Our ability to predict which children will exhibit oppositional defiant disorder (ODD) at the time of entry into grammar school at age 6 lags behind our understanding of the risk factors for ODD. This study examined how well a set of multidomain risk factors for ODD assessed in 4-year-old children predicted age 6 ODD diagnostic status. Participants were a diverse sample of 796 4-year-old children (391 boys).The sample was 54% White, non-Hispanic; 16.8% African American, 20.4% Hispanic; 2.4% Asian; and 4.4% Other or mixed race. The classification accuracy of two models of multidomain risk factors, using either a measure of overall ODD symptoms or dimensions of ODD obtained at age 4, were compared to one another, to chance, and to a parsimonious model based solely on parent-reported ODD using Automated Classification Tree Analysis. Effect Strength for Sensitivity (ESS), a measure of classification accuracy, indicated a multidomain model including a general measure of ODD symptoms at age 4 yielded a large effect (56.29%), a 13.7% increase over the ESS for the parsimonious model (ESS = 42.9%). The ESS (51.23%) for a model including two ODD dimensions (behavior and negative affect) was smaller than that for the model including a measure of overall ODD symptoms. The Classification Tree Analysis approach showed a small but distinct advantage that would be useful in screening for which children would most likely meet criteria for age 6 ODD.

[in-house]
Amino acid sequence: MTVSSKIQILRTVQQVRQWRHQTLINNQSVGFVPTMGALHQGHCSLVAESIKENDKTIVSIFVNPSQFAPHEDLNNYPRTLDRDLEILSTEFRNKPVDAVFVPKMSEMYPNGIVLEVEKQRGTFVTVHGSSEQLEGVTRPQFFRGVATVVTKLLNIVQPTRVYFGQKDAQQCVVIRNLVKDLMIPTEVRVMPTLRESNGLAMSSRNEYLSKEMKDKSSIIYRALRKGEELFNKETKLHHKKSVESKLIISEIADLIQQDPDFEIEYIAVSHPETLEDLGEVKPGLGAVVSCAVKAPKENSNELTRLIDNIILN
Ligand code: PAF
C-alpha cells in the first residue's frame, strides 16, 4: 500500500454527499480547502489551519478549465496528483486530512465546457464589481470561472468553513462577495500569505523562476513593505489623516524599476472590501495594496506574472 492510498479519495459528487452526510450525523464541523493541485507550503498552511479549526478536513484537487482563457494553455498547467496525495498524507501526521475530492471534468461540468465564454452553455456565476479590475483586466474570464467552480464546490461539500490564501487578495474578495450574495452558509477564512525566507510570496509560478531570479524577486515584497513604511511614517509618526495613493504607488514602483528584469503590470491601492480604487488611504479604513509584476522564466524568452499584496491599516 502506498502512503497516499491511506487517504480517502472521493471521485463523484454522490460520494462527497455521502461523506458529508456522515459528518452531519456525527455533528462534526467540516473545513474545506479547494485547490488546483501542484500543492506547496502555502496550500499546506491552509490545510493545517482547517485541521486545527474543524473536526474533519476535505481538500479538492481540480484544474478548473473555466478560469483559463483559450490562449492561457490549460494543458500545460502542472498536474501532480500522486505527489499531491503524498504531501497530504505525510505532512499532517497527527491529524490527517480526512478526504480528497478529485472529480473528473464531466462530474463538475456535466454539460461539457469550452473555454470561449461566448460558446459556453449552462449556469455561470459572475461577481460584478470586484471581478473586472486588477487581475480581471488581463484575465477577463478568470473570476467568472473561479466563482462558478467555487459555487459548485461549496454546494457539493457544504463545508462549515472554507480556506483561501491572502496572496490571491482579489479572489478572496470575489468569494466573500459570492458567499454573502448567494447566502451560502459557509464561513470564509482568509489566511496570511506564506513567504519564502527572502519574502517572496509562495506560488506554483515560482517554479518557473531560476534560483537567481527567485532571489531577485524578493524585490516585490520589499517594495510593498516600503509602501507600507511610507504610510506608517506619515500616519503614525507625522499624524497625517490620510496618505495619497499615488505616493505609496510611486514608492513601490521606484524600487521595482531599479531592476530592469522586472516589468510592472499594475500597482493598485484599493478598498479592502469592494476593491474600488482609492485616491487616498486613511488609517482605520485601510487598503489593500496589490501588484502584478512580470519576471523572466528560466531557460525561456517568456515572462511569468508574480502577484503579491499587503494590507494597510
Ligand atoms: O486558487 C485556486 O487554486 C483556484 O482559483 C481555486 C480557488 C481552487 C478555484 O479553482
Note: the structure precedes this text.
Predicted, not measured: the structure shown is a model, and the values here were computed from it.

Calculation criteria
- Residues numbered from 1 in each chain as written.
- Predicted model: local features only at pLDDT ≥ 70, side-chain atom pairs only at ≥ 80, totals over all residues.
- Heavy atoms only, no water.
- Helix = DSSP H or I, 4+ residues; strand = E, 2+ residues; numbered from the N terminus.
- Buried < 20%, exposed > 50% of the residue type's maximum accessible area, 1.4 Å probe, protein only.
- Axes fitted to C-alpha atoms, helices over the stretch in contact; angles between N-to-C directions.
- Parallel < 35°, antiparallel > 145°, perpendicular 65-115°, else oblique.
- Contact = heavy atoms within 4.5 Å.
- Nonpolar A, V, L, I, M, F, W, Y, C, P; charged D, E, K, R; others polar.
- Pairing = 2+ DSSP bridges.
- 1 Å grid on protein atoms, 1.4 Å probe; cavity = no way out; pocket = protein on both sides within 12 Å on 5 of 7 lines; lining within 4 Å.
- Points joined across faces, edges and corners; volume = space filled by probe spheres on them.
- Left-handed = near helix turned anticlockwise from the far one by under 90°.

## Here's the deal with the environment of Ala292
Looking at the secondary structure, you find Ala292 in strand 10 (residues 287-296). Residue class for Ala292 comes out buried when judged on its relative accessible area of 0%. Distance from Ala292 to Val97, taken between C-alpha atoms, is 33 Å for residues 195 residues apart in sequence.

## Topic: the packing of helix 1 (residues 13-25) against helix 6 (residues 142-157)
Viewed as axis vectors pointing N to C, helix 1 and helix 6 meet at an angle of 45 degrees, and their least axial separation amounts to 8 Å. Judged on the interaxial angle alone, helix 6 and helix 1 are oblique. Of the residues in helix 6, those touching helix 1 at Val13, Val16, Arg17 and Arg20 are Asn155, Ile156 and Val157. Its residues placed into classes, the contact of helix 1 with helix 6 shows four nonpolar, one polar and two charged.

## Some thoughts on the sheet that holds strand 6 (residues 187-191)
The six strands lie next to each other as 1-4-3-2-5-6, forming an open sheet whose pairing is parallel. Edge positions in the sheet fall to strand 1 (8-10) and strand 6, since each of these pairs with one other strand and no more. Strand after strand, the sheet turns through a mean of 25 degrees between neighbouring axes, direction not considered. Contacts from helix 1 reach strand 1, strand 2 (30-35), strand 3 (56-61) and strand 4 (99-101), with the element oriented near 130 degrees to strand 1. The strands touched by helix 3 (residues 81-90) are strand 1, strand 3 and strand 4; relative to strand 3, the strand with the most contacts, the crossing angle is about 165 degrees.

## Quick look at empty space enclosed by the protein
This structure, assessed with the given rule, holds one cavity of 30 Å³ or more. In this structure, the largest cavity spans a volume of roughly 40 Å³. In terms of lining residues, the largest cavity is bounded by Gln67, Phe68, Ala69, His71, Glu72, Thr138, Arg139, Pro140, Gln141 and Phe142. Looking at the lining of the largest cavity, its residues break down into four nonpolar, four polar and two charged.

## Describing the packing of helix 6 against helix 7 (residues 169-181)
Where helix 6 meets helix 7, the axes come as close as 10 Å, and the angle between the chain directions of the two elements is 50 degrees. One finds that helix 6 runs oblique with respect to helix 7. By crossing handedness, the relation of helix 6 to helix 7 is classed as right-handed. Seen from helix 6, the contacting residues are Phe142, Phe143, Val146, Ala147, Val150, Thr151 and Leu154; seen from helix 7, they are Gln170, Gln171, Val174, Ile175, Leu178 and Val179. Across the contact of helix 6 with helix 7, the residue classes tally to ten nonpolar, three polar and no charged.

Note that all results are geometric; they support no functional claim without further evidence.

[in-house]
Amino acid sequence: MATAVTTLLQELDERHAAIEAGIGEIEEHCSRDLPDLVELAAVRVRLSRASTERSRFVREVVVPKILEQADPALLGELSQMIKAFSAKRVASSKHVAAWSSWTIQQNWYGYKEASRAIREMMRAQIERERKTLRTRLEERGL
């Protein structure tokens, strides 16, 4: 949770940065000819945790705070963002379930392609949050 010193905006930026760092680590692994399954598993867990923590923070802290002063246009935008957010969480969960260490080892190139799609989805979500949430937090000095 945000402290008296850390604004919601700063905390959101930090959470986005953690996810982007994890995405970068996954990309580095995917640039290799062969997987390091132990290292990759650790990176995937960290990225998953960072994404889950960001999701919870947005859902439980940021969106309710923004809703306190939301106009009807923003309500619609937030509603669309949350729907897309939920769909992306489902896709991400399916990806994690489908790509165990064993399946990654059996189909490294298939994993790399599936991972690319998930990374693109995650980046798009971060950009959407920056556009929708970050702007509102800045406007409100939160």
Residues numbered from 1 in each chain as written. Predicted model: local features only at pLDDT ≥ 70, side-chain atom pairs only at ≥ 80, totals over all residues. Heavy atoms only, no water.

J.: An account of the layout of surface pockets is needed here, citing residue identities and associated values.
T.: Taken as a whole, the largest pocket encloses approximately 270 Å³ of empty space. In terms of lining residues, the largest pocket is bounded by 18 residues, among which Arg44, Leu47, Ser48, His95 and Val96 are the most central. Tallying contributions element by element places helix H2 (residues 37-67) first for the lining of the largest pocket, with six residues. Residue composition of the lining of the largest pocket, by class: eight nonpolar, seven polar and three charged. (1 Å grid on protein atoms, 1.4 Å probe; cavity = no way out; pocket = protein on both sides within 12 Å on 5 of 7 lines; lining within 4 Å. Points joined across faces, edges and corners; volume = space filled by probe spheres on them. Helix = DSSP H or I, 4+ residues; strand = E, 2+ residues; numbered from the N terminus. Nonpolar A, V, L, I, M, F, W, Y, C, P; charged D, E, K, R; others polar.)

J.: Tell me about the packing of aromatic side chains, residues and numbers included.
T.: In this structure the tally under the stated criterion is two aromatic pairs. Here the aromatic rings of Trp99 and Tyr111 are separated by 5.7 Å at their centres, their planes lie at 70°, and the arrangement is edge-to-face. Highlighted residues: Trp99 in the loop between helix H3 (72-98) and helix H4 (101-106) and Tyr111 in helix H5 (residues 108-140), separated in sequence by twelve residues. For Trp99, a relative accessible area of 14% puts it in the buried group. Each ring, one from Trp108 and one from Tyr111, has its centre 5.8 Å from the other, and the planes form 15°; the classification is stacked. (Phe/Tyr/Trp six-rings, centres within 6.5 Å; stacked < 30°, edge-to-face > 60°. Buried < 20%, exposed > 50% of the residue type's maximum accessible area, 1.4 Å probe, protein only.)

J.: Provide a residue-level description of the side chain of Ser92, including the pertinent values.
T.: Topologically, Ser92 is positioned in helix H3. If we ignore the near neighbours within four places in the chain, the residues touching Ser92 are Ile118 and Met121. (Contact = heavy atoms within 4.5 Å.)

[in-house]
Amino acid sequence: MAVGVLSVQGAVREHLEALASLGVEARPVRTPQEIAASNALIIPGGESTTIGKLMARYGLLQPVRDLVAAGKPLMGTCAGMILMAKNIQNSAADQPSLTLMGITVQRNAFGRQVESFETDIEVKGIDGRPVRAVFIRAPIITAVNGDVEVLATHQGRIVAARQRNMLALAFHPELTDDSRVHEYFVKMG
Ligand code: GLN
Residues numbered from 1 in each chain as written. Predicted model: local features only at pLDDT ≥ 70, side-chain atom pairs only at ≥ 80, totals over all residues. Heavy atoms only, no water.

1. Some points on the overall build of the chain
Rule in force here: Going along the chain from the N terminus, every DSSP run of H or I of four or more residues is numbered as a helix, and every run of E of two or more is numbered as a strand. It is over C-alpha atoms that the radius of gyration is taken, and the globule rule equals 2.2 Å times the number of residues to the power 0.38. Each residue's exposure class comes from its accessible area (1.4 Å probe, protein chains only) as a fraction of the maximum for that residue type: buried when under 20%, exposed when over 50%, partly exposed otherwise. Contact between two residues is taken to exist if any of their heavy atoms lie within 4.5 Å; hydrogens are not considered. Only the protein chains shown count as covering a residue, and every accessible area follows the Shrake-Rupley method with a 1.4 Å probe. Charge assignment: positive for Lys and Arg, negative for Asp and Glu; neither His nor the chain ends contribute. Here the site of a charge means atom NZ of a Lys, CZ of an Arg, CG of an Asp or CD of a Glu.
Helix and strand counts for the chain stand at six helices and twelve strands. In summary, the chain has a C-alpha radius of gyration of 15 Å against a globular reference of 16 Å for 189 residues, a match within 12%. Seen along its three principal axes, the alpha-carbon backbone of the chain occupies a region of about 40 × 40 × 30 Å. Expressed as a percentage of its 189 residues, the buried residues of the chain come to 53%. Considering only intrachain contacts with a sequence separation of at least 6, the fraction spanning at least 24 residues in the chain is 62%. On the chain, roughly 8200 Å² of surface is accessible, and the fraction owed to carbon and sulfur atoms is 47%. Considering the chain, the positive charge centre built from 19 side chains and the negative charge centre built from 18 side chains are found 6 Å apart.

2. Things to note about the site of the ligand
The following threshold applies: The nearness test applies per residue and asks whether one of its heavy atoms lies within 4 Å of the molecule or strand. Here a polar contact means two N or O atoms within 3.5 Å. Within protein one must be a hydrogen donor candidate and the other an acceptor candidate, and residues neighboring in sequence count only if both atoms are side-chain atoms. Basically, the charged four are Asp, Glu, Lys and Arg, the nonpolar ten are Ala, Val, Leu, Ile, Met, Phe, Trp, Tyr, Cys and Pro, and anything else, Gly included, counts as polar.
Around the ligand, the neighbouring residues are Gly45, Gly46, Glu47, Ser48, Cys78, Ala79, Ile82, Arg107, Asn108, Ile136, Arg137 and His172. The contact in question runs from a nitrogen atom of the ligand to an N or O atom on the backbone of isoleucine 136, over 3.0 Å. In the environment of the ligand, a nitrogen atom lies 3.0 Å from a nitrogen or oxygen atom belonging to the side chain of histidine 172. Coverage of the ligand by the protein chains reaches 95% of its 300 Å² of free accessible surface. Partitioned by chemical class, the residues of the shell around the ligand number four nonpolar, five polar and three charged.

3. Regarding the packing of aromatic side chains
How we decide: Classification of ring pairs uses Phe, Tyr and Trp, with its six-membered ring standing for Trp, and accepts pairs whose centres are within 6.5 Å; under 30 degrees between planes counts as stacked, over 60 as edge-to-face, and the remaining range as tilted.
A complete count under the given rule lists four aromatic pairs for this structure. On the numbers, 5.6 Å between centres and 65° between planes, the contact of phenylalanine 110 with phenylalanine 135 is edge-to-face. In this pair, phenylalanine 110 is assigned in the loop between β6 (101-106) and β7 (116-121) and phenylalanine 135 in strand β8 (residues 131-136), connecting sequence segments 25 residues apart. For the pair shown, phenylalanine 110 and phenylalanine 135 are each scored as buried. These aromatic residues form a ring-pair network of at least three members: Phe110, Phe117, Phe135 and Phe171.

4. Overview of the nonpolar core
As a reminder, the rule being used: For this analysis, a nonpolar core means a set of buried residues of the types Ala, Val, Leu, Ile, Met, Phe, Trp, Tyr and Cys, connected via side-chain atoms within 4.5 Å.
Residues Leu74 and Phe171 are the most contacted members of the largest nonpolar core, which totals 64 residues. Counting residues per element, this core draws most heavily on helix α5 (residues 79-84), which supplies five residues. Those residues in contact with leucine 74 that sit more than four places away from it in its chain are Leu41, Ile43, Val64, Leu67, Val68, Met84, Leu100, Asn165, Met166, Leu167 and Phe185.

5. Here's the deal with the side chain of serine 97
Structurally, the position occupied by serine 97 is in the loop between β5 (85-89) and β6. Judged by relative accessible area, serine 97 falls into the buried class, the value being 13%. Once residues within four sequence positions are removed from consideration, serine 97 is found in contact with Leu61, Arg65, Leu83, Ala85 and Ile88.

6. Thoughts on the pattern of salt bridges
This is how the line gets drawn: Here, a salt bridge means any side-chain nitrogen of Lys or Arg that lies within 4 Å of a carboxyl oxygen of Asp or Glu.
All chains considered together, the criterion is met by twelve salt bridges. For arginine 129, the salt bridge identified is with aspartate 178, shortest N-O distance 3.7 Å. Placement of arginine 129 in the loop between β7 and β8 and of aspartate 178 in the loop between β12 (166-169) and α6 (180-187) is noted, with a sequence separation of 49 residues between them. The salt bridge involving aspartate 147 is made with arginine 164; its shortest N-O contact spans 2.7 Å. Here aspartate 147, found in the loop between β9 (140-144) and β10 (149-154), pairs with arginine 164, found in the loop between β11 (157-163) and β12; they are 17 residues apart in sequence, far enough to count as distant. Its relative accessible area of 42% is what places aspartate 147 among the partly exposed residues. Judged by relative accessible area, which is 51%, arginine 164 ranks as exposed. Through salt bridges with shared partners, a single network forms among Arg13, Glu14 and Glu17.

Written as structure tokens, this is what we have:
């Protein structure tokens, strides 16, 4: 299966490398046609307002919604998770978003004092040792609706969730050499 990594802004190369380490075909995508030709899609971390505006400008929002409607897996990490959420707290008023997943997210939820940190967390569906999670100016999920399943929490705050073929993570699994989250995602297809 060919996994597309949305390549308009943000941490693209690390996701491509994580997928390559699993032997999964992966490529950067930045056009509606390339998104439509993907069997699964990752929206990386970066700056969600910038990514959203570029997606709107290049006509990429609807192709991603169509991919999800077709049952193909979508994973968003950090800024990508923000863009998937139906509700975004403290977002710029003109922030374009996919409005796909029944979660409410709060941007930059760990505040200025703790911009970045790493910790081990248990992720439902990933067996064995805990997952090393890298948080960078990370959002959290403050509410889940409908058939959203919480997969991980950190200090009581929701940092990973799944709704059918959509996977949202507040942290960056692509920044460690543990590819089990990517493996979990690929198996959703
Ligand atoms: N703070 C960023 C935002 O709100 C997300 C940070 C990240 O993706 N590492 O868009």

|Original language||English (US)|
|Number of pages||15|
|Journal||Journal of Clinical Child and Adolescent Psychology|
|State||Published - Jan 2 2019|
ASJC Scopus subject areas
- Developmental and Educational Psychology
- Clinical Psychology